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Enough with web desktops 2007/09/06

For reference, here's what sent me over the edge: Ext 2.0: Scrolling Tabs, Anchor Layout, the Web Desktop, and more (Ajaxian)

I might break up with the Internet if I keep seeing so much misguided effort spent on making a website behave like a whole operating system.  Because I think I'm dealing with some rather thick skulls, I'll put this simply: stop.  Now.

An arguably great feature of web apps is that they're more two-dimensional than three-dimensional.  It promotes focus.  It discourages repeated seizure-inducing Exposé usage.  While I'm on the topic, I can't wait for someone to do Exposé in Javascript.  That's exactly what we need.  (It'll give me something to write about, at least.)

I'd like to propose a couple of rules that will kill stupid stuff like web desktops, all the while promoting smart use of Javascript wizardry.

Comments (6)

  1. Don't you know, the ultimate thin client just has enough software to run firefox.  Then you won't need an amazing computer, you can just do all your work using that web desktop as your home page.  The best part is when you open up that browser on your web desktop man.  You're looking at web sites through a browser inside your browser.  Ridiculous man.

    David Hall — 2007/09/07 3:14 am

  2. David: That was the idea behind Parakey platform right?

    Dimitry — 2007/09/07 11:57 am

  3. I didn't really follow Parakey, like I looked at stuff one day and it seemed pretty secretive.  Then a while later I heard they were being bought by Facebook.  That said, I think that was a lot of the gist of it, but it also went into Google Gears territory of basically everything still runs in the "browser", but you have an offline sync and still run things when you are disconnected from the network.  I would argue this goes beyond the web desktop and stuff is more connected to your individual computer which can disconnect from the network while the web desktop/thin client model relies on being connected to function.  (I want to make the distinction based on whether you have to install an extension to firefox to make it function, but then I'm defining things by what functionality a browser decides to include in its core, which is silly).  (Actually, the real distinction maybe should be on whether the server keeps state with your computer without syncing, I would define a web desktop as always keeping sync).

    Really, I have to see parakey to comment more.  I just went to their website more and they talk about things like cd burning applications, and I really want to know what they think is superior about what they want to do versus apt-getting nautilus.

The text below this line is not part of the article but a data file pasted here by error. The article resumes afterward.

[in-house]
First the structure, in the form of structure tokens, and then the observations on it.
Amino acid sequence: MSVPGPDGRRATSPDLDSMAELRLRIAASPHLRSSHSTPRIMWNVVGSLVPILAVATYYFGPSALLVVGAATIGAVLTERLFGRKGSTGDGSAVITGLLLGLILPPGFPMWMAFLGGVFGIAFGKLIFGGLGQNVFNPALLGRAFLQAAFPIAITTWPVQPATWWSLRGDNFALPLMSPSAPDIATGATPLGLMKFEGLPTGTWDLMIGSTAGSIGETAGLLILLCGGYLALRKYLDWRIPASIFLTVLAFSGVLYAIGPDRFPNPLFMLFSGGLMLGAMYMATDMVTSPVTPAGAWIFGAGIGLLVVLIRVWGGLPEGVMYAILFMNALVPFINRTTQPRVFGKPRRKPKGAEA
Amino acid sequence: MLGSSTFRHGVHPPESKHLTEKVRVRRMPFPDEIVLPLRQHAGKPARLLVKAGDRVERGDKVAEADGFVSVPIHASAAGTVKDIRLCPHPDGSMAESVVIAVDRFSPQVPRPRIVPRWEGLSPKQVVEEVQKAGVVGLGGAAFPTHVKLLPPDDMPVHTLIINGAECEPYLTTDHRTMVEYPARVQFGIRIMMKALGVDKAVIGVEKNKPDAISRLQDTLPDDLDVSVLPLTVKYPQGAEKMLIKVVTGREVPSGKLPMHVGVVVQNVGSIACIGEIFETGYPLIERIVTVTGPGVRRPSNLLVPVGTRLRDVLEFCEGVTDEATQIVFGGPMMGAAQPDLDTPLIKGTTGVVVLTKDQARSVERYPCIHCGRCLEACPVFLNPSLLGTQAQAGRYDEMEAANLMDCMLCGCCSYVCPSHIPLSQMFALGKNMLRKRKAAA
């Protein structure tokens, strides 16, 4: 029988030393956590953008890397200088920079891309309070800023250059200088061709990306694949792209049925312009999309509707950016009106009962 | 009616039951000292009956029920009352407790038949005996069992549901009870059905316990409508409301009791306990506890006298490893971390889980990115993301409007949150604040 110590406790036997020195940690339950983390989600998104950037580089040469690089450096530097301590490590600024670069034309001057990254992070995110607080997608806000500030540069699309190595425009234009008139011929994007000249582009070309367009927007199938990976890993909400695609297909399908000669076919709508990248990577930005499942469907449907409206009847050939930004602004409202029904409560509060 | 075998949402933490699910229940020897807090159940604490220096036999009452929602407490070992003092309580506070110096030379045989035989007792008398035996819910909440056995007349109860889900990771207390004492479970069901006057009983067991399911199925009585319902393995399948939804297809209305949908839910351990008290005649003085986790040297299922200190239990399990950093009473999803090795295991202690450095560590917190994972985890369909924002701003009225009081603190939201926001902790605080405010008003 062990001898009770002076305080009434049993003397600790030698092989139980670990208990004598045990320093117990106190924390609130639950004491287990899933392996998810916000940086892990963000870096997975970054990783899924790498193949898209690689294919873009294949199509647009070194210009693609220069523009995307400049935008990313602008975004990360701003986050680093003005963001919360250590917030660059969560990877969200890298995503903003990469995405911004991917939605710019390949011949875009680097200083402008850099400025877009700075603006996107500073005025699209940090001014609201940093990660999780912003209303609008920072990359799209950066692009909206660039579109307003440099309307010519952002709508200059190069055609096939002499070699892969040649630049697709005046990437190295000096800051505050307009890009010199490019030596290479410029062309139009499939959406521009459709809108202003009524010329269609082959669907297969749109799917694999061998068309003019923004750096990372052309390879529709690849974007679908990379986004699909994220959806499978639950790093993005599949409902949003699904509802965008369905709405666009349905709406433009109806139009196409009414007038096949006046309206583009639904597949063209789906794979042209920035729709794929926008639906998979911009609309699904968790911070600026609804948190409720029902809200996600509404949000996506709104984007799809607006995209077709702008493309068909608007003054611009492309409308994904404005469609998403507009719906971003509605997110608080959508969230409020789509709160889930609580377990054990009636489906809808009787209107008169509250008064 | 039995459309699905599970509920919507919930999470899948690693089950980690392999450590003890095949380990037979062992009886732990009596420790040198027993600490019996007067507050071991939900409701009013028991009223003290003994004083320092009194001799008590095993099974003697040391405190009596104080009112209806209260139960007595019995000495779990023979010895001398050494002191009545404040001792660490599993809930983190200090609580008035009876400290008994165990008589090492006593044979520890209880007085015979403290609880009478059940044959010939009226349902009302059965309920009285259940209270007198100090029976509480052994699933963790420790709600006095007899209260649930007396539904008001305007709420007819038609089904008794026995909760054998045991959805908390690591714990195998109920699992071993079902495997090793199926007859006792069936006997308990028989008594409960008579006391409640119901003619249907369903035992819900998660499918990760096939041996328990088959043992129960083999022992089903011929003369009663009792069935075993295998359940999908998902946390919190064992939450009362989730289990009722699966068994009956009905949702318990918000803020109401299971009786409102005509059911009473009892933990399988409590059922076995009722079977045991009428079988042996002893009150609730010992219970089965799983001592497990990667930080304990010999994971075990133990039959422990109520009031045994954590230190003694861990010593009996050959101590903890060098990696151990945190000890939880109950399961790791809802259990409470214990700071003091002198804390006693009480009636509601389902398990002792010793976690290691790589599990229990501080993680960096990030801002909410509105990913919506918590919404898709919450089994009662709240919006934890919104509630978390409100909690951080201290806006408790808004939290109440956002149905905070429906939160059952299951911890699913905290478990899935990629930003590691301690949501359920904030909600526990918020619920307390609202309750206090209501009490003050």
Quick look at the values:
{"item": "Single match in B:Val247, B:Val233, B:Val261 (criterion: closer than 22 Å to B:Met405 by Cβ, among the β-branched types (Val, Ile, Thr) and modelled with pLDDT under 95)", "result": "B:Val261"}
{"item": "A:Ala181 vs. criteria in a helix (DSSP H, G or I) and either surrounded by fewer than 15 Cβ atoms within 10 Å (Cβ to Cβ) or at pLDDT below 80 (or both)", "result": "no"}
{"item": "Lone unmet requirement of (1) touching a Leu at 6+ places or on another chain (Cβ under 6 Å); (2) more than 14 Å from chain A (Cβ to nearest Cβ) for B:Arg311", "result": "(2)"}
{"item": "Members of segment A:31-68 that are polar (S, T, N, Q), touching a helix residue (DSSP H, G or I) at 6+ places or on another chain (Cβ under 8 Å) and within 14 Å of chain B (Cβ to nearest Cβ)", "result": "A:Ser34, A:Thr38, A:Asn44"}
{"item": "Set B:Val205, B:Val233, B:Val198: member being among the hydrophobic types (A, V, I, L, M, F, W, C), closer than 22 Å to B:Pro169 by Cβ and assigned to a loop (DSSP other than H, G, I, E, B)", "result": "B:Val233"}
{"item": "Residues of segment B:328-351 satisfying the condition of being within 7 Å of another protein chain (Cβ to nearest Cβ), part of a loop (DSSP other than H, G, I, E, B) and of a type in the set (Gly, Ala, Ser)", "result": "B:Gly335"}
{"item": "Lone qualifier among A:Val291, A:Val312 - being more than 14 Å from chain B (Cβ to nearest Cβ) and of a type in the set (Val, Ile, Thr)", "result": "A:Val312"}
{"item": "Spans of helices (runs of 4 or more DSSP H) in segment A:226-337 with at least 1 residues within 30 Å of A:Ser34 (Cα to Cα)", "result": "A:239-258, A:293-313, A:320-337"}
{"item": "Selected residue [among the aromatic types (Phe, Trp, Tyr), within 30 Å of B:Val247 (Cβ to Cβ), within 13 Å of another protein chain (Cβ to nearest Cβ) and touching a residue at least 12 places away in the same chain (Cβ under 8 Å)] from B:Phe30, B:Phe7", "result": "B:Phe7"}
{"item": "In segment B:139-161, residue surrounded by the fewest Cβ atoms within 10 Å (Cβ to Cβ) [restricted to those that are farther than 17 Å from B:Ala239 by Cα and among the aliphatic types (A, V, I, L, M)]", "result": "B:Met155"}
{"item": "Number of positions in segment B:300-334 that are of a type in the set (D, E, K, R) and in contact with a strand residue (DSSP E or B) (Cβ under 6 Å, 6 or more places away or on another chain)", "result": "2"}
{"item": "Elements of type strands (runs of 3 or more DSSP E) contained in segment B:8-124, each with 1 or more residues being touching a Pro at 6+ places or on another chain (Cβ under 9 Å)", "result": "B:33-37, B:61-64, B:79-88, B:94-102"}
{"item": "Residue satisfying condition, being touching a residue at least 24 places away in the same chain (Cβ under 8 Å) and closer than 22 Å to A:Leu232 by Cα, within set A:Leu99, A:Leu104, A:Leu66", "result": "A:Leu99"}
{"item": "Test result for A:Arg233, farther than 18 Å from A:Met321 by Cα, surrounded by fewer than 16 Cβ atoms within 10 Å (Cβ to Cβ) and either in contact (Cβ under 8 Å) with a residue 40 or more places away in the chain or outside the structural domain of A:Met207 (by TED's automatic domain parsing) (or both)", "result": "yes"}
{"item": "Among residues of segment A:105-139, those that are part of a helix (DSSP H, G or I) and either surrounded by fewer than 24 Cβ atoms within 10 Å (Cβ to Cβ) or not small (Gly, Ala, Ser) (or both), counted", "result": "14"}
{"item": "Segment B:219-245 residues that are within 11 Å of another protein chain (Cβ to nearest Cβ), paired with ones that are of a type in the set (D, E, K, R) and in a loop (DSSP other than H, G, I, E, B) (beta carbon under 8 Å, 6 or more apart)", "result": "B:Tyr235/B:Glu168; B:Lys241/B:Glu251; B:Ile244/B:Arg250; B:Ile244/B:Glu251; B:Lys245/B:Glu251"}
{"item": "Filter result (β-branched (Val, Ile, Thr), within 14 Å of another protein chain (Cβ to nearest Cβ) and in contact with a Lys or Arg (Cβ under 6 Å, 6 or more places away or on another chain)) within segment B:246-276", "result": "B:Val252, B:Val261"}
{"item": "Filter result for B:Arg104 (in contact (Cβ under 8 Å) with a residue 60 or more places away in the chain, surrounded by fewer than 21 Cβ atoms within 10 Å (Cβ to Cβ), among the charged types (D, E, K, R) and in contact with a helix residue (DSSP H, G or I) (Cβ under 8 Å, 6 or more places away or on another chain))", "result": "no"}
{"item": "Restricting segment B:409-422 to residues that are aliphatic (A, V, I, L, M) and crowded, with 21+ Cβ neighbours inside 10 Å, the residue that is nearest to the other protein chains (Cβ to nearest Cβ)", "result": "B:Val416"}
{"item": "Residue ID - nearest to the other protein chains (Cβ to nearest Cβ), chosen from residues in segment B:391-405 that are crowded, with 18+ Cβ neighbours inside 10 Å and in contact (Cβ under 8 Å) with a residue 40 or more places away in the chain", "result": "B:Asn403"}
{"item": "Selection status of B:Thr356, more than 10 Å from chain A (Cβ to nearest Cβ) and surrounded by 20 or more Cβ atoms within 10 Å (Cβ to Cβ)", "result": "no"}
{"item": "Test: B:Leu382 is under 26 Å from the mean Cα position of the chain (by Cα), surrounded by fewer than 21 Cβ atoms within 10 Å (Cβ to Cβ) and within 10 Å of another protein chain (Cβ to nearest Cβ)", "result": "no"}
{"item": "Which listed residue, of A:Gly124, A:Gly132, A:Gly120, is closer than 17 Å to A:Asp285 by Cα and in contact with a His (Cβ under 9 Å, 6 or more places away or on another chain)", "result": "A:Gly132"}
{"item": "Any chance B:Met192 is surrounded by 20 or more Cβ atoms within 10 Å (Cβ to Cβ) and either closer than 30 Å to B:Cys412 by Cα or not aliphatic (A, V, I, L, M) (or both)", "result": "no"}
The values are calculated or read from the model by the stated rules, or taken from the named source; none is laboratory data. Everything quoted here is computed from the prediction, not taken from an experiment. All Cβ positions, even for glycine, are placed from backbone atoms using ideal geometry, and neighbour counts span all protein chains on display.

David Hall — 2007/09/07 7:04 pm

  4. Hmm, I dunno.  I am writing an app right now in which drag and drop events only result in a DB write when you click "Save" :P I guess I'm fired.

    Mike Panchenko — 2007/09/09 3:18 pm

  5. @Mike: That's fair.  What I was trying to discourage was arbitrary, pointless and confusing moving-around of parts of the UI.

    Richard Crowley — 2007/09/09 7:00 pm

  6. this is like asking people to care more about plastic in the oceans than Paris Hilton.  show your take on the perfect UI and then Ext to 100 project managers, i have a good idea which one they are gonna say "ooooh , i want that" for; particularly if you are building an intranet web app.

    to a lot of end users everything on a computer should work the same.  if they see a web version of data they have seen in excel, they want the web version to work the same way (sort it, filter it, resize it, move it to the side, minimize it, use a tab to show another version, etc.  they mix and match to their heart's content.  they make these wishes a business requirement.  they get some funding, hire some developers.  next thing you know you have Ext.

    admittedly it can be kinda fun to build that stuff. does that make it right? doubt it.

    * users love when things can overlap, particularly mac users, the more confusing it becomes the happier they seem to be * users love to drag&drop things without anyone knowing (i.e. playing), if they don't tell you to save it they did not mean it * users request what they know, and get really unhappy when they don't get it

    programmers are not noted for their creativity when it comes to ui, so for most it is easier to follow the end users desire ("make it look like windows") than come up with an appropriate/novel solution.  since ui specialist and designers are considered luxury items on most budgets i don't see that changing anytime soon, and things like GWT are not helping matters.

    — alek — 2007/09/27 12:00 pm

Richard Crowley?  Kentuckian engineer who cooks and eats in between bicycling and beering.

I blog mostly about programming and databases.  Browse by month or tag.

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